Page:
Nearly 20 years after their deployment to Iraq, veterans grapple with
their younger selves and try to make sense of the war.
Nearly 20 years after their deployment to Iraq, veterans grapple with their younger selves and try to make sense of the war.
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The documentary filmmakers’ work focuses on armed conflict, human rights and extremism. This Op-Doc revisits the subjects of their 2004 documentary “Gunner Palace.”
Text by Michael Tucker
Months after the United States invaded Iraq in 2003, I began filming the U.S. Army’s 2nd Battalion, 3rd Field Artillery Regiment (known as the Gunners) in Baghdad. The unit was housed in a bombed-out palace on the banks of the Tigris that they named Gunner Palace.
Rather than just making a movie about the men, I suggested that we make a film together — an offer that the soldiers quickly embraced. They told the story of the war as only they could: They played guitar, spat out rhymes and played to the camera. But behind all their bravado and posturing, they were just kids who desperately wanted the world to understand the war through their eyes.
In the last two months of 2003, the Gunners lost three men to I.E.D. attacks. They hastily scrambled to create makeshift armor for their soft-skinned vehicles using scrap metal. When asked by a soldier about the lack of armor in 2004, Secretary of Defense Donald Rumsfeld famously said, “You go to war with the army you have, not the army you might want or wish to have at a later time.”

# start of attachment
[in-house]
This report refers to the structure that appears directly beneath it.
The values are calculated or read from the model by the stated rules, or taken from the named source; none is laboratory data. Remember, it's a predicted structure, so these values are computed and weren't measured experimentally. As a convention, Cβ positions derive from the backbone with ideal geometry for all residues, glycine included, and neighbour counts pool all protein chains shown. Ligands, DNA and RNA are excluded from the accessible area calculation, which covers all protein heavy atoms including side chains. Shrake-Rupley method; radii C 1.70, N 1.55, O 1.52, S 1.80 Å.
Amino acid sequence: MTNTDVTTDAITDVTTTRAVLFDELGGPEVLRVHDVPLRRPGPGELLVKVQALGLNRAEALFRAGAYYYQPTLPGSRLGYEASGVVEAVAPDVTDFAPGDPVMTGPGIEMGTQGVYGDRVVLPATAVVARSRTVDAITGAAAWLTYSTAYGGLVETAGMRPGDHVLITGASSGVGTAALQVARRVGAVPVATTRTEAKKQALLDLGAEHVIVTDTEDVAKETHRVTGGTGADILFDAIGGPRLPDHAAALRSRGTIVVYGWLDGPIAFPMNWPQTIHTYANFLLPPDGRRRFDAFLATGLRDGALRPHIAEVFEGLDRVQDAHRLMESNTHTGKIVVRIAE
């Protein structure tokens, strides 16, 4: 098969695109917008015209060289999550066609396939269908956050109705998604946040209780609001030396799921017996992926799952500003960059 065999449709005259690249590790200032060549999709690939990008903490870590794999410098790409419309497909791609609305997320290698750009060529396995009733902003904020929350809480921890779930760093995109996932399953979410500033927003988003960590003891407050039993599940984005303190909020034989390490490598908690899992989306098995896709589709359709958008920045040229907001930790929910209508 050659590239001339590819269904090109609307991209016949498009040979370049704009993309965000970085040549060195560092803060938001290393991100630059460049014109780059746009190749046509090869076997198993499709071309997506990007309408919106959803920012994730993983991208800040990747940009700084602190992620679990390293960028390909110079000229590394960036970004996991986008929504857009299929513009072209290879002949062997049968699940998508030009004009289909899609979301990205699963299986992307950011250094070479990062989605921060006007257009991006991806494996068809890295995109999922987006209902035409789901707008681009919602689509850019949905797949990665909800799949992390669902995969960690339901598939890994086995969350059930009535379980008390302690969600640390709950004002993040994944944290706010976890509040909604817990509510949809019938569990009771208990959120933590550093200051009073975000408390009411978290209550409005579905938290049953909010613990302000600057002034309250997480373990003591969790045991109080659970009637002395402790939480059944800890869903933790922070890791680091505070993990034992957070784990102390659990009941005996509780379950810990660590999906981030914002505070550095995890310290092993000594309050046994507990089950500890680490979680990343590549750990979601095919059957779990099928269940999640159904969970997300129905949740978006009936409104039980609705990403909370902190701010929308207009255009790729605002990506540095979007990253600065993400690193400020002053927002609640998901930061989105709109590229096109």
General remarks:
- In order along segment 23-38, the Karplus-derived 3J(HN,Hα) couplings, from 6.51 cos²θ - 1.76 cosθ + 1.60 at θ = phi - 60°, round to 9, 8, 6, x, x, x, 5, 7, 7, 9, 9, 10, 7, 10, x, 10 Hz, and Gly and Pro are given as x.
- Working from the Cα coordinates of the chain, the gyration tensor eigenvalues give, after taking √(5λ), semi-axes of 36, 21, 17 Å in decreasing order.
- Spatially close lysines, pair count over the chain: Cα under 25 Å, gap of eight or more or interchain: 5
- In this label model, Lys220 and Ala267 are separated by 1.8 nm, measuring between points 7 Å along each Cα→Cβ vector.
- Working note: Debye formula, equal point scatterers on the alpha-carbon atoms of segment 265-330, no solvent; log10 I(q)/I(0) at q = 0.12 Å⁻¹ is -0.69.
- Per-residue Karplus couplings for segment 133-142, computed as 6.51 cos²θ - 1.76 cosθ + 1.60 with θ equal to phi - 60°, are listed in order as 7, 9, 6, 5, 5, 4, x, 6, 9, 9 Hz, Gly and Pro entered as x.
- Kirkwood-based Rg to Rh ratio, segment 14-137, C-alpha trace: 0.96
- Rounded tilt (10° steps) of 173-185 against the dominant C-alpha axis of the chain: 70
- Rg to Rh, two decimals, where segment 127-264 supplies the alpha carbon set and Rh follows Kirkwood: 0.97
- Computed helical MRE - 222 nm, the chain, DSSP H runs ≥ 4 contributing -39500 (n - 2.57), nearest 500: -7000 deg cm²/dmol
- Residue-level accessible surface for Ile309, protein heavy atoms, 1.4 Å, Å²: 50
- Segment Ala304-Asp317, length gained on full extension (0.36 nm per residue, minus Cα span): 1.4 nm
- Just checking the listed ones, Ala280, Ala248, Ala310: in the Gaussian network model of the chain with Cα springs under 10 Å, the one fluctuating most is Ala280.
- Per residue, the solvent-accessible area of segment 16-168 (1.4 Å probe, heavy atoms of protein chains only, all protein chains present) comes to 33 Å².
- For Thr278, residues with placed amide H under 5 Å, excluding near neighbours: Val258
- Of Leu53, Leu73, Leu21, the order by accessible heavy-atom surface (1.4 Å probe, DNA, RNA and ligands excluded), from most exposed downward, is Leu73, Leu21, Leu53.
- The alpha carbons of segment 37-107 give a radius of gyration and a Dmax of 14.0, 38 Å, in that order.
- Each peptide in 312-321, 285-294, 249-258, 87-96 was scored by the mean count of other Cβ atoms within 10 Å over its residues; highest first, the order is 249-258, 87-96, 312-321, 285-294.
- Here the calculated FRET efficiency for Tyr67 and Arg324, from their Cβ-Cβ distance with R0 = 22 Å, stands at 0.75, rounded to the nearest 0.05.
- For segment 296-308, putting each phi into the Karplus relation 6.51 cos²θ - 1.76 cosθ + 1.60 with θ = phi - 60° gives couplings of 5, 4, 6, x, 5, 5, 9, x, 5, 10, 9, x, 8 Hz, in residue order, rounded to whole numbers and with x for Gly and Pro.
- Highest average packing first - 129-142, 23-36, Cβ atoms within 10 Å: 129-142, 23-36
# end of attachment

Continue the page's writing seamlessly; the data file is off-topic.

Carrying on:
They were the army we had. They fought an enemy they couldn’t always see in a land they didn’t understand for reasons that were never entirely clear. In the midst of the pandemic, I visited the men and spoke with them about how they make sense of their role in a war that has yet to be fully reckoned with. In the short documentary above, the veterans grapple with a past that still reverberates powerfully through their lives.
Petra Epperlein and Michael Tucker are a filmmaking couple currently based in New York and Berlin.
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